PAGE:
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Blasco (Ramiro Blas), a former bullfighter, drives a van that transports people across Spain. He’s a bore who doesn’t like feminists, and that doesn’t sit well with his three passengers one fateful day: Mariela (,Cecilia Suárez), a religious woman who has cancer, and Lidia (Cristina Alcázar), who takes her crazy teenage daughter, Marta (Paula Gallego), to live with Lydia’s ex-husband.
But Blasco’s macho drive is the least of the group’s worries. As night falls, they encounter a gurgling organism that spits a juvenile worm into Marta’s finger, and shortly thereafter, Blasko plows his van into a disfigured woman standing in the road. As he takes her to the hospital, she fires a translucent gob that turns Mariela into a snarling killer. From then on, it’s a toss-up between humans and evil.
This dark horror comedy from Spanish directing duo Raúl Cerezo and Fernando González Gómez is more than just a gut-wrenching infection film. It’s also a surprisingly moving look at how people, especially parents and their children, forgive each other when trauma is a sticky-fingered parasite. I don’t know how much the sloppy makeup effects cost, but the directors got their money’s worth.
I admired, more than enjoyed, this folk horror fable set in the lush rural landscapes of 19th-century Macedonia, where the supernatural and the ordinary share a painful coexistence.
When she turns 16, a mute girl named Nevena (Sarah Klimoska) is taken from her mother by a Freddy Krueger-like demon (Anamaria Marinka) known locally as Old Maid Maria. With irresistible cruelty, Maria guides her new child in the ways of a shape-shifter, a life that requires Nevena to slaughter the people she wants to become, including a young villager (Noomi Rapas).
Macabre and visually stunning, the film moves in a folk horror style that is just this side of pretend. However, writer-director Goran Stolevski and cinematographer Matthew Chuang teamed up to make a film about a young woman’s quest for self-discovery that includes beautiful passages of sensuality and joy as well as shocking acts of brutality. There’s also a subversive weirdness: When Nevena becomes a handsome young man, she explores the male body and the expectations that come with it.
Clayton Witmer’s film is an intensely moody and moving character drama masquerading as an old-fashioned creature feature.
Ethan (Drew Matthews) is an introverted locksmith who lives alone in an American suburb near his brother (Ryan Davenport) and his family. Driving one night, Ethan comes across a deer carcass and inside he finds a crazy little creature, a cross between a spider and a lobster. He takes it home, where the cub escapes from its cage, eventually growing to monstrous size. When a neighbor turns up dead one morning, Ethan figures out who the killer is.
At just under two hours, the film is too long to sustain its chilling ambitions. But it’s a spell. I was particularly drawn to how Witmer takes a monster metaphor in unexpected directions as he explores what it means to grow up and never leave a small town. Ayinde Anderson’s fine cinematography makes the North Carolina suburbs where the film was shot seem humble and sinister.
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This feature film from Niko van den Brink is a conventional supernatural folk-horror drama that nevertheless delivers a good night’s fright and a sad ending.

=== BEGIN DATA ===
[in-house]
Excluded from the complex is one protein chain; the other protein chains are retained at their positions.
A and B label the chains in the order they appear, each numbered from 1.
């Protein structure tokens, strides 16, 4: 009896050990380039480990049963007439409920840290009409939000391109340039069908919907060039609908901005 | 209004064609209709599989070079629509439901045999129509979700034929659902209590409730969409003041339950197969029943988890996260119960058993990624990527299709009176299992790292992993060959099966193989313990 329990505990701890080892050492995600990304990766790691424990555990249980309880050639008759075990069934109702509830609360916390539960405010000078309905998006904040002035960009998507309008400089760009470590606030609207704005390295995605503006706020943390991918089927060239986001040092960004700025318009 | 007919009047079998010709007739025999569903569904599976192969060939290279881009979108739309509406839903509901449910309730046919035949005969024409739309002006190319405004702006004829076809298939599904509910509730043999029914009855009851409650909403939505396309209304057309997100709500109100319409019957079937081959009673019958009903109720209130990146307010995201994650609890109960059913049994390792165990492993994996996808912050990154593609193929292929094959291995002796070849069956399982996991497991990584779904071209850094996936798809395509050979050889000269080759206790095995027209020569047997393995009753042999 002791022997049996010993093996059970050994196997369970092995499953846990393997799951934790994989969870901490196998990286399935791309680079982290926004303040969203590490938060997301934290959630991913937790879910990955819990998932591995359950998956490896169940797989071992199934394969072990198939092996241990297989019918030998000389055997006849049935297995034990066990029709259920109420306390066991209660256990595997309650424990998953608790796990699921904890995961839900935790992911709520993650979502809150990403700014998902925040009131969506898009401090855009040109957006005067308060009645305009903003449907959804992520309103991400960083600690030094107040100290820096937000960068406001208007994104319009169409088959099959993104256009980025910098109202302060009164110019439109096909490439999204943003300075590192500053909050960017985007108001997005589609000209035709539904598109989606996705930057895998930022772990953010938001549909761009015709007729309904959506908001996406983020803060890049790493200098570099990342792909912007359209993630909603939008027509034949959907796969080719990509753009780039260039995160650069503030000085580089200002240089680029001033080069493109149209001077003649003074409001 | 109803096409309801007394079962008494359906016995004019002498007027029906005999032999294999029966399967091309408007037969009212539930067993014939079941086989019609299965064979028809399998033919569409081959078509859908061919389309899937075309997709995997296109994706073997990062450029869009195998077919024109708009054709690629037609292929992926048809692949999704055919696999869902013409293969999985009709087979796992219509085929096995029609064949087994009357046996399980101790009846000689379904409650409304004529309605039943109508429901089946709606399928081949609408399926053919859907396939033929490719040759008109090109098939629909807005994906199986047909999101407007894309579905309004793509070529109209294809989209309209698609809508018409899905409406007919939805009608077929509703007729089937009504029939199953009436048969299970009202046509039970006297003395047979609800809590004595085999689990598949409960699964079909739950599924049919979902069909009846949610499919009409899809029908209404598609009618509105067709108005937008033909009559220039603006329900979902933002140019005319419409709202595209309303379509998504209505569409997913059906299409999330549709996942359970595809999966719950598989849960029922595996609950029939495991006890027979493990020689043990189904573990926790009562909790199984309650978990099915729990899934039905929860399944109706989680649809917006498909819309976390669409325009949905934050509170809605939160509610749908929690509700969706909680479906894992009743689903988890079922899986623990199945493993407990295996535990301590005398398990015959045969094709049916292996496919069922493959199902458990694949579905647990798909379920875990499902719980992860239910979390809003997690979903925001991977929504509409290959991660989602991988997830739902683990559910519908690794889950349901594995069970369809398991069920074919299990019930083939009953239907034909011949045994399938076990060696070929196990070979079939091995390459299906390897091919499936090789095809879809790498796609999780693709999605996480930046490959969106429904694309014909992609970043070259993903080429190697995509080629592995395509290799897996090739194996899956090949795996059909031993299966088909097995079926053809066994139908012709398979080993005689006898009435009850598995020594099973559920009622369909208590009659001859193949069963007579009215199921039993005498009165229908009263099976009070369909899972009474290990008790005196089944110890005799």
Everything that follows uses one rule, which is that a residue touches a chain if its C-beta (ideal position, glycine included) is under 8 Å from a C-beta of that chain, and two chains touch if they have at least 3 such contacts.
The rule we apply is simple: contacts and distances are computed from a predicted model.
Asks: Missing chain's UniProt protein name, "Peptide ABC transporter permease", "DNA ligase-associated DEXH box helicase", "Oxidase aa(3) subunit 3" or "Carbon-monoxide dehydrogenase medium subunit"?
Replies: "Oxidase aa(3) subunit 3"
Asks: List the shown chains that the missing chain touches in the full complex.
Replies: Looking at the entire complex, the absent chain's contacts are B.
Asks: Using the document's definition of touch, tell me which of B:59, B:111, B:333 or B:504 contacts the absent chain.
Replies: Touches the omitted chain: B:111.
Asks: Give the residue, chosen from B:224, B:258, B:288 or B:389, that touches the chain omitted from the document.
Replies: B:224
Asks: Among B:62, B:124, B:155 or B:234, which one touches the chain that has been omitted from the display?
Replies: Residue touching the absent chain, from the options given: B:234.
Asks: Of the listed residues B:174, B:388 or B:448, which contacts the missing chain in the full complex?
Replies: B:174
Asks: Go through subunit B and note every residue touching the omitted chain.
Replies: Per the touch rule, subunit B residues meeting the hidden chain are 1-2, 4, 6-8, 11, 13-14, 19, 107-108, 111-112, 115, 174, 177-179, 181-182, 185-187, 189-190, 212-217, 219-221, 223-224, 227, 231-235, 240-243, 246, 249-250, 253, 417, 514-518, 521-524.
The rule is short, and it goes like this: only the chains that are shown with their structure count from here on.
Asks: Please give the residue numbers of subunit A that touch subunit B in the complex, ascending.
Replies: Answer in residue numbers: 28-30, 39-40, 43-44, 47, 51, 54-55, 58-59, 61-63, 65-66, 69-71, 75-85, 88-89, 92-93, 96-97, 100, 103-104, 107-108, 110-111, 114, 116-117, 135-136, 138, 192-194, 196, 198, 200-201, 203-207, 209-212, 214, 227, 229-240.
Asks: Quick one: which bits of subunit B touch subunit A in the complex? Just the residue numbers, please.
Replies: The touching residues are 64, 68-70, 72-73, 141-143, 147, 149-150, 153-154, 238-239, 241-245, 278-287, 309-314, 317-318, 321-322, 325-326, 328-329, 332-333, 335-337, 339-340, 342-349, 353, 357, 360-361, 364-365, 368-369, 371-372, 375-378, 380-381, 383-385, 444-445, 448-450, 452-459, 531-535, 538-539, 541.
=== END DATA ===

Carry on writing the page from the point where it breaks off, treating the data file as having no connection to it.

Set in the Netherlands, the film begins as Jonas (Alexandre Willaume) and his team of researchers work near a peat bog where Betriek (Sallie Harmsen) lives with her young daughter. They make a strange discovery: a dead body of a woman whose throat was slit vertically. Meanwhile, Betriek’s father sets up a sensor in the yard after an agitated man yells “They’re making me do it!” as he attacks the family.
As Betriek and Jonas begin a romance, she tells him that the chilling events may have something to do with a family curse that followed her grandmother’s unsolved murder. She is right and the curse has its claws for her and her daughter.
I don’t quite understand the demonic myth that fuels “Moloch”. it has biblical roots and has something to do with a hungry female spirit. But that’s okay, since van den Brink’s film oozes with suspense and freakish scares, like a strange scene in which Betriek encounters a haunted child in an elevator. The strange final scene is chilling.
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Although it borrows from “Ju-On: The Grudge,” “The Vigil” and other horror films, DM Cunningham’s thrilling, low-budget ghost story still scares on its own terms.
The film opens on a stormy night in a cell, as James (Peter Tell) recounts the harrowing events of a terrible day to his prison counselor (Cheryl Despres). In flashback, James explains that he was a police officer who once had to protect a body found near a cabin in the woods. He started seeing red poppies and a woman in a red dress — clues, he says, to why they were there, who the victim was and what a fellow officer (Haley Heslip) had to do with it all. As he recalls the horrific horrors that followed, we learn that James harbors terrible secrets that a sheet could never conceal.
From the pacing to the chronology, this film is flawless. dream states and reality share space in scenes that do not flow from one to the other. But Tell’s darkly comic performance and Cunningham’s adventurous direction make it work. That is, until the film’s many detours — from zombie comedy to sci-fi thriller to Hallmark romance — lead to a confusing ending.